international law

This is part 4 of our series listing out eight+ things to read about China and a lot more. We constantly get emails from readers asking what to read on China and all sorts of things related and even barely related to China and the plan of this series would be to constantly and consistently answer this very question. We also have a few very loyal readers who often send us truly great articles on China (and other things). We owe these unpaid and truly superb researchers a big debt and this week’s post is dedicated to them!

As I said in our initial post on this, our plan is to list out eight (or so) articles we benefitted from reading and think you our readers would also benefit from reading, along with a very brief explanation why the particular article was included. More specifically:

The articles will likely include many on China and on Asia and a few on international trade, international politics, Spain and Latin America, economics and really just anything else we believe might benefit our readers or even that we just want people to read. We do not plan to choose articles that push our or any other political agenda or any other agenda for that matter, but having said that, we are not objective and our views may creep through. Our goal though is to focus on articles that are important or helpful or — most importantly — that make you think. Our posting of an article will NOT mean we agree with all of it or even any of it. Most of the articles will be from the week preceding the post but we will also sometimes throw in older articles (classics if you will) as well.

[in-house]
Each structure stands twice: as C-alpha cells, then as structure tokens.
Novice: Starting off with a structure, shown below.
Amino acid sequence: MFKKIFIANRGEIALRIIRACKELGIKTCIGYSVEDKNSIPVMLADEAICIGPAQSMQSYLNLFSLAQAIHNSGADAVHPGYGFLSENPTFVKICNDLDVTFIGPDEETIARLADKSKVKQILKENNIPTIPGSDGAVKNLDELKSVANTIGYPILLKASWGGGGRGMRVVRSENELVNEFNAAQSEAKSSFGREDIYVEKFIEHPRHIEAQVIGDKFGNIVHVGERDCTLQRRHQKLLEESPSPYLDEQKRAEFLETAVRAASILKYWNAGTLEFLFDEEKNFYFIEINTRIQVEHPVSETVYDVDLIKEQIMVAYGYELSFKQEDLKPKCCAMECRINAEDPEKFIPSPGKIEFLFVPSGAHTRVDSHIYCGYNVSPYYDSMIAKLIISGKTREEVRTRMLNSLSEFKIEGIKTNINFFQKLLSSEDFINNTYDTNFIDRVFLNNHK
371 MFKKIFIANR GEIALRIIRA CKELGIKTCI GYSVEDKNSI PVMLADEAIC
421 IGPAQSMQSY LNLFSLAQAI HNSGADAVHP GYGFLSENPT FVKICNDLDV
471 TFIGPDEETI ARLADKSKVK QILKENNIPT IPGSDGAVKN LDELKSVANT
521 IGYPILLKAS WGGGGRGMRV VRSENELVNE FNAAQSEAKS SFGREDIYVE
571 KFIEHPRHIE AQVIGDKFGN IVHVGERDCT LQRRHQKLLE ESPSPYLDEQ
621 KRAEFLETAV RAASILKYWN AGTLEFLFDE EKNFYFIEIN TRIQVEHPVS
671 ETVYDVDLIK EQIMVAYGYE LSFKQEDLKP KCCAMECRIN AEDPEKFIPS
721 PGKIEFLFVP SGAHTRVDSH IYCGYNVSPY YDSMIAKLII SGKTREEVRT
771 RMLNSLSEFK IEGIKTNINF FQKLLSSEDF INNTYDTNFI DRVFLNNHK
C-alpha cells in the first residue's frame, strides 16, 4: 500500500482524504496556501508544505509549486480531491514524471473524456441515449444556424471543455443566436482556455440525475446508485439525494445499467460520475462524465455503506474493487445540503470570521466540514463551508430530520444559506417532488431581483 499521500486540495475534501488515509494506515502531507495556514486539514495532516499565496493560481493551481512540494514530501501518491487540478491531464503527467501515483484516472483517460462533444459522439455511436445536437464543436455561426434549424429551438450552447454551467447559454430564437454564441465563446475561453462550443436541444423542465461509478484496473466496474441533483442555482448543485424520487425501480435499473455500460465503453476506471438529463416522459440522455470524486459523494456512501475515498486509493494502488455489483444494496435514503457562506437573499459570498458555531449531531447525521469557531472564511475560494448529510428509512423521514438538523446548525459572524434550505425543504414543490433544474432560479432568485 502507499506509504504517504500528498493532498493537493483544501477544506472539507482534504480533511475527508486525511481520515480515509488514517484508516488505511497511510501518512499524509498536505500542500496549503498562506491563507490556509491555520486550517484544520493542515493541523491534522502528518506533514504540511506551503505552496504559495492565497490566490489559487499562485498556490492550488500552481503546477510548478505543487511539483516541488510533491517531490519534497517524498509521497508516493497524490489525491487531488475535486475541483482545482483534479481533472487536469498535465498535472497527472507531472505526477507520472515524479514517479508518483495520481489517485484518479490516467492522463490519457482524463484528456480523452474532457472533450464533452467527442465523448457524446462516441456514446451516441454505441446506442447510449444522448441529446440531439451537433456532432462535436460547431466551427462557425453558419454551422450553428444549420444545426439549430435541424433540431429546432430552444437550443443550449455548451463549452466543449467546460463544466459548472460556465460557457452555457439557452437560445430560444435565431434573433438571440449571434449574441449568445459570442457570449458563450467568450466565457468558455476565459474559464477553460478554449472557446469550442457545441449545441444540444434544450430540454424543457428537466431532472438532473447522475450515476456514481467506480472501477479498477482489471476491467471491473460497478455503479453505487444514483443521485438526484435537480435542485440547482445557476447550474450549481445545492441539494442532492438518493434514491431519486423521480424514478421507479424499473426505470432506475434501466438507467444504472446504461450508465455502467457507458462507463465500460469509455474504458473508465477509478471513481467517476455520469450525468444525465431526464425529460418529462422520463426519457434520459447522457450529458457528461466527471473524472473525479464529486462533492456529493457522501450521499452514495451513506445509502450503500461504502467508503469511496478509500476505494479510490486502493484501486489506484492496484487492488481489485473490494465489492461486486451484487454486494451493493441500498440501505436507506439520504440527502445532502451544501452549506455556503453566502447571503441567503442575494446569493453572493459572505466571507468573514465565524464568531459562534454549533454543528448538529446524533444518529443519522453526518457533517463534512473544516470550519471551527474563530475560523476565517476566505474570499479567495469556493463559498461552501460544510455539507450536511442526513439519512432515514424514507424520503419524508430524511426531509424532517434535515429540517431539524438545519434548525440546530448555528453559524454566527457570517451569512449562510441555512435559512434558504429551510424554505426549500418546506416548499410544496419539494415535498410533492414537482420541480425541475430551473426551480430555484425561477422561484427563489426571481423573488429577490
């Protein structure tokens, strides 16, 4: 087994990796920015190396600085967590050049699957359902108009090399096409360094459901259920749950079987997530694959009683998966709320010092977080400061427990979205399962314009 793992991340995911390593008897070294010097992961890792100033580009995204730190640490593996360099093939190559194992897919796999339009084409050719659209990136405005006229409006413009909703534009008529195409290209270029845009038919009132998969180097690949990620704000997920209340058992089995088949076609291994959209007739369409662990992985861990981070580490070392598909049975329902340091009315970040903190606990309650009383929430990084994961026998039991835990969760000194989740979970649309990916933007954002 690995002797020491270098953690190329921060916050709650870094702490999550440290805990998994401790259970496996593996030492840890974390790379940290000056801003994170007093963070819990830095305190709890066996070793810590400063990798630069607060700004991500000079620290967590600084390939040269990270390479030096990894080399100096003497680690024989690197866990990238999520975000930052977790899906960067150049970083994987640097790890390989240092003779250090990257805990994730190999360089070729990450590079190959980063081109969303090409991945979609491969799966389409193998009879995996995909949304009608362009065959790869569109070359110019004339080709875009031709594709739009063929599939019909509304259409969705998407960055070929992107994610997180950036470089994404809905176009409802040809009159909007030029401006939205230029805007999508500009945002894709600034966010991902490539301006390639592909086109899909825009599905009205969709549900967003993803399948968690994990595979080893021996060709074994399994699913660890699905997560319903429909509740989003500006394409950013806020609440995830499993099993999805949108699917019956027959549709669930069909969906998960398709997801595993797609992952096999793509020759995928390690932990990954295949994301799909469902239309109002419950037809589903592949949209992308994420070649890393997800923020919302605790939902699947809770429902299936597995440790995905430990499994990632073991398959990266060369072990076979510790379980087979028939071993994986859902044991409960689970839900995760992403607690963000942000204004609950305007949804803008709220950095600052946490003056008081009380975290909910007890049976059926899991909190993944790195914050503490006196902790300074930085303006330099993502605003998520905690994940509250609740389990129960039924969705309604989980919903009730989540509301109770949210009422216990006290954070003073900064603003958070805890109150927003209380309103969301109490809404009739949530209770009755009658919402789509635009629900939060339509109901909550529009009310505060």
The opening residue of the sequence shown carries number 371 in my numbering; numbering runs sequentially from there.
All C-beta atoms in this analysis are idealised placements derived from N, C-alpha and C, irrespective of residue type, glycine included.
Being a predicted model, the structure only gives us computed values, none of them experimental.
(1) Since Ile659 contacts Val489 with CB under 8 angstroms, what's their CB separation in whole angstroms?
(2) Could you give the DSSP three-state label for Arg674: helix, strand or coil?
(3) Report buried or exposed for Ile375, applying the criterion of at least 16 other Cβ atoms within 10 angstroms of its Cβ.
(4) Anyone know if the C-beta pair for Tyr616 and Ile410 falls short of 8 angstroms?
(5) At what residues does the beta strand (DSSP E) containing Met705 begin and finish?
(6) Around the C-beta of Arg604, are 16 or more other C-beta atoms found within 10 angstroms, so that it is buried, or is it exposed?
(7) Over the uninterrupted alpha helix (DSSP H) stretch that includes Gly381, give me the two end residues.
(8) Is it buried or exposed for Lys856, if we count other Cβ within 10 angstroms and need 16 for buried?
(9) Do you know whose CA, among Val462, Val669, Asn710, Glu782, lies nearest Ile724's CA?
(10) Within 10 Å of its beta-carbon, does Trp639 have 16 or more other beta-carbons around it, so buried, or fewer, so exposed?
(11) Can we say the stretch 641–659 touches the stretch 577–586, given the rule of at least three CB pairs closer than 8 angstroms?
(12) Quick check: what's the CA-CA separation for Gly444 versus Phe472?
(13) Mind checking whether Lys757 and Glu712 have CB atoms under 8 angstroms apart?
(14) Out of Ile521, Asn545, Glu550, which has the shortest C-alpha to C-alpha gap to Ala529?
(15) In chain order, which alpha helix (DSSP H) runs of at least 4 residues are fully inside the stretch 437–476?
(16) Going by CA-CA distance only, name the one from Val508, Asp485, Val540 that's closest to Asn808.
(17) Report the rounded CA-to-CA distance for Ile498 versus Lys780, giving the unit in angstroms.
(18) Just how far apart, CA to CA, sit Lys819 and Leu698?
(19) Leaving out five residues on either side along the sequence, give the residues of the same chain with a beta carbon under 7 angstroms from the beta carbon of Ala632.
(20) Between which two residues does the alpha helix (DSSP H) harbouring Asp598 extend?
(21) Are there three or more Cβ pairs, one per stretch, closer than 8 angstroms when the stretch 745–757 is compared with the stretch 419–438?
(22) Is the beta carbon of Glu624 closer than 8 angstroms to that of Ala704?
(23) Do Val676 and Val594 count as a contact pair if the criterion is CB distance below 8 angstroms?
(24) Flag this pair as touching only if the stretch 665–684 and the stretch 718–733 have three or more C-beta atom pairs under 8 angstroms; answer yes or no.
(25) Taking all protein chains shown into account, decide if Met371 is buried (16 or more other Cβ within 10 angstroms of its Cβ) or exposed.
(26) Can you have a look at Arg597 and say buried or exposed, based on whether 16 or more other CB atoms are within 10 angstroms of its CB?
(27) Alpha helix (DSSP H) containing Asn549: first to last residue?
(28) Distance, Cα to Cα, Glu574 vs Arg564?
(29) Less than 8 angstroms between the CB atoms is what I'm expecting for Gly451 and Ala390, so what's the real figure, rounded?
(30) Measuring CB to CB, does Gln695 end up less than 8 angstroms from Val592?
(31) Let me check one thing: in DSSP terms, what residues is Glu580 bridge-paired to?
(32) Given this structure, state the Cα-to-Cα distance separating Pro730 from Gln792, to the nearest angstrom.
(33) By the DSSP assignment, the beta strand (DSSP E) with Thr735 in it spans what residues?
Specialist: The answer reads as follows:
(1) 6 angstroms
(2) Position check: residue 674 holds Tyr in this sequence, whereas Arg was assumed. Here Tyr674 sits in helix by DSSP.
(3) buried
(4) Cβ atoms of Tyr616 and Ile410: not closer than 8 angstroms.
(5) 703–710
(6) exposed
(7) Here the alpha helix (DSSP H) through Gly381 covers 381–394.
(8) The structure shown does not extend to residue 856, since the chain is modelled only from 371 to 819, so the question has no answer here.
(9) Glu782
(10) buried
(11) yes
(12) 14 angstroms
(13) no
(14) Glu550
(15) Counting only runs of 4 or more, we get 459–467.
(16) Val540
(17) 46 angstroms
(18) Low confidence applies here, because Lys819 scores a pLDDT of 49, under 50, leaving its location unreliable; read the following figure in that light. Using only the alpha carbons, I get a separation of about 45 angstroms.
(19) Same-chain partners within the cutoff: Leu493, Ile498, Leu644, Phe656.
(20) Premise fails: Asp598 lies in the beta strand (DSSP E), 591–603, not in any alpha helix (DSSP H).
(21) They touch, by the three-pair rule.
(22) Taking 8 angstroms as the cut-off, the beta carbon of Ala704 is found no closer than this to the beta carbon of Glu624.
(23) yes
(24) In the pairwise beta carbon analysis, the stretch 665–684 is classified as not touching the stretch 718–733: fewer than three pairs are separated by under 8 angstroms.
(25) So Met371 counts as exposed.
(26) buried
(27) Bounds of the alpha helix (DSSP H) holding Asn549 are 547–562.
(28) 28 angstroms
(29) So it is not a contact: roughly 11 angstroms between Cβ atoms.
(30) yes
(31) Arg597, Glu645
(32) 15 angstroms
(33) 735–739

Please do not hesitate to comment at the end of this or any other post. We cannot tell you how much we appreciate your comments, good, bad and indifferent.

Here we go, in absolutely no particular order.

1. Trump Trade War Starts to Threaten Hollywood’s Business in China. Variety Magazine. Because this article highlights China doing what China always does, which is to block foreign companies from doing certain things but do it in a surreptitious way so it can claim it isn’t really doing anything at all. As per our lead China movie and entertainment lawyer, Mathew Alderson, China has instituted “a de facto ban on U.S. content in the theatrical and streaming sectors . . .  . without writing anything down.” China has down the same thing with canola oil from Canada. See PM worries China could target more Canadian goods as fears about soybeans rise.